110 People Control 35 Percent of Russia's Wealth

The World
How It Works
Oct. 9 2013 5:21 PM

Where the Money Is

A man pours champagne in glasses at a beach bar set up along the Croisette during the 66th edition of the Cannes Film Festival in Cannes on May 17, 2013.

Photo by LOIC VENANCE/AFP/Getty Images

Credit Suisse is out with its Global Wealth Report for 2013, looking at the distribution of household wealth around the world. Lukas Alpert of the Wall Street Journal pulls out the eye-popping stat that 35 percent of Russia’s wealth is now concentrated in the hands of just 110 people. Russia has just one billionaire for every $11 billion in household wealth compared to one for every $170 billion worldwide.

Worldwide, “personal wealth increased by 4.9 percent during the year to mid-2013 and now totals USD $241 trillion,” according to the report. U.S. wealth increased by 12.7 percent to $72.1 trillion.  But as the charts below, whether you look at the change in wealth in total figures or in percentage, it was a rough year for Japan, which lost $5.8 trillion, or 20 percent of its net worth largely due to the falling yen/dollar exchange rate:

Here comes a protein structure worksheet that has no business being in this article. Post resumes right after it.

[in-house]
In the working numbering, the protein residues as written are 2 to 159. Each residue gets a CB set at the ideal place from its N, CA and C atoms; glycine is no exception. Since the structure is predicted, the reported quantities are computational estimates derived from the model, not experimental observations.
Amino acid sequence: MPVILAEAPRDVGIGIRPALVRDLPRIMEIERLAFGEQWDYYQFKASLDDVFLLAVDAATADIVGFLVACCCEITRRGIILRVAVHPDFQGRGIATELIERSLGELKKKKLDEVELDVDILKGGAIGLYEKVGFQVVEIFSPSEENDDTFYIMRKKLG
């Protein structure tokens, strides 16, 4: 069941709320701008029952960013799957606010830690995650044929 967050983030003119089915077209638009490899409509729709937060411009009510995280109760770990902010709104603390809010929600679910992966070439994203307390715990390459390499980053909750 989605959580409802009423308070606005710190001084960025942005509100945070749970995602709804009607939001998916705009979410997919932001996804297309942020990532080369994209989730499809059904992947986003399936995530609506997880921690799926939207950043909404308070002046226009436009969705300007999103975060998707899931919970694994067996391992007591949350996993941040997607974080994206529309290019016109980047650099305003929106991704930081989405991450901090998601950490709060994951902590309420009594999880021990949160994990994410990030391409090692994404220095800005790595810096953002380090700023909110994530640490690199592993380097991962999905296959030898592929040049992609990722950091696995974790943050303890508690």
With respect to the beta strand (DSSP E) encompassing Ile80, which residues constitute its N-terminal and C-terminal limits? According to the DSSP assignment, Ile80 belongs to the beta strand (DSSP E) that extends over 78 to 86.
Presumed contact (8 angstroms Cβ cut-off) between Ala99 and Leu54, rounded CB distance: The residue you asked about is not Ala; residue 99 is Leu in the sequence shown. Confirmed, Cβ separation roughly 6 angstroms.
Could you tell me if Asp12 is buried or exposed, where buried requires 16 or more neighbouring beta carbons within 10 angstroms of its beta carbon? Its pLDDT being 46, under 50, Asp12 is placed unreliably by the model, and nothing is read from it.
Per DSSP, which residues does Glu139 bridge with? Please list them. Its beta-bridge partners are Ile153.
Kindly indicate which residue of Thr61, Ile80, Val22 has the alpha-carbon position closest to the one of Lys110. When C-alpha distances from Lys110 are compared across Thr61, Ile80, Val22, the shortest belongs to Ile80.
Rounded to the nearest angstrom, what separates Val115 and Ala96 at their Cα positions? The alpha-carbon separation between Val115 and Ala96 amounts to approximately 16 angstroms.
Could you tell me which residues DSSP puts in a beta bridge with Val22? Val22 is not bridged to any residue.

Ignore the big percentage change for Libya, which has had unreliable statistics for the last few years.

As the chart below shows, even with the rise of the BRICS countries, North America and Europe still control a disproportionate amount of the world’s wealth:


According to the report, there are currently 98,700 “ultra high net worth individuals,” those whose net worth exceeds $50 million. 45 percent of them live in the United States.  

Joshua Keating is a staff writer at Slate focusing on international affairs and writes the World blog. 



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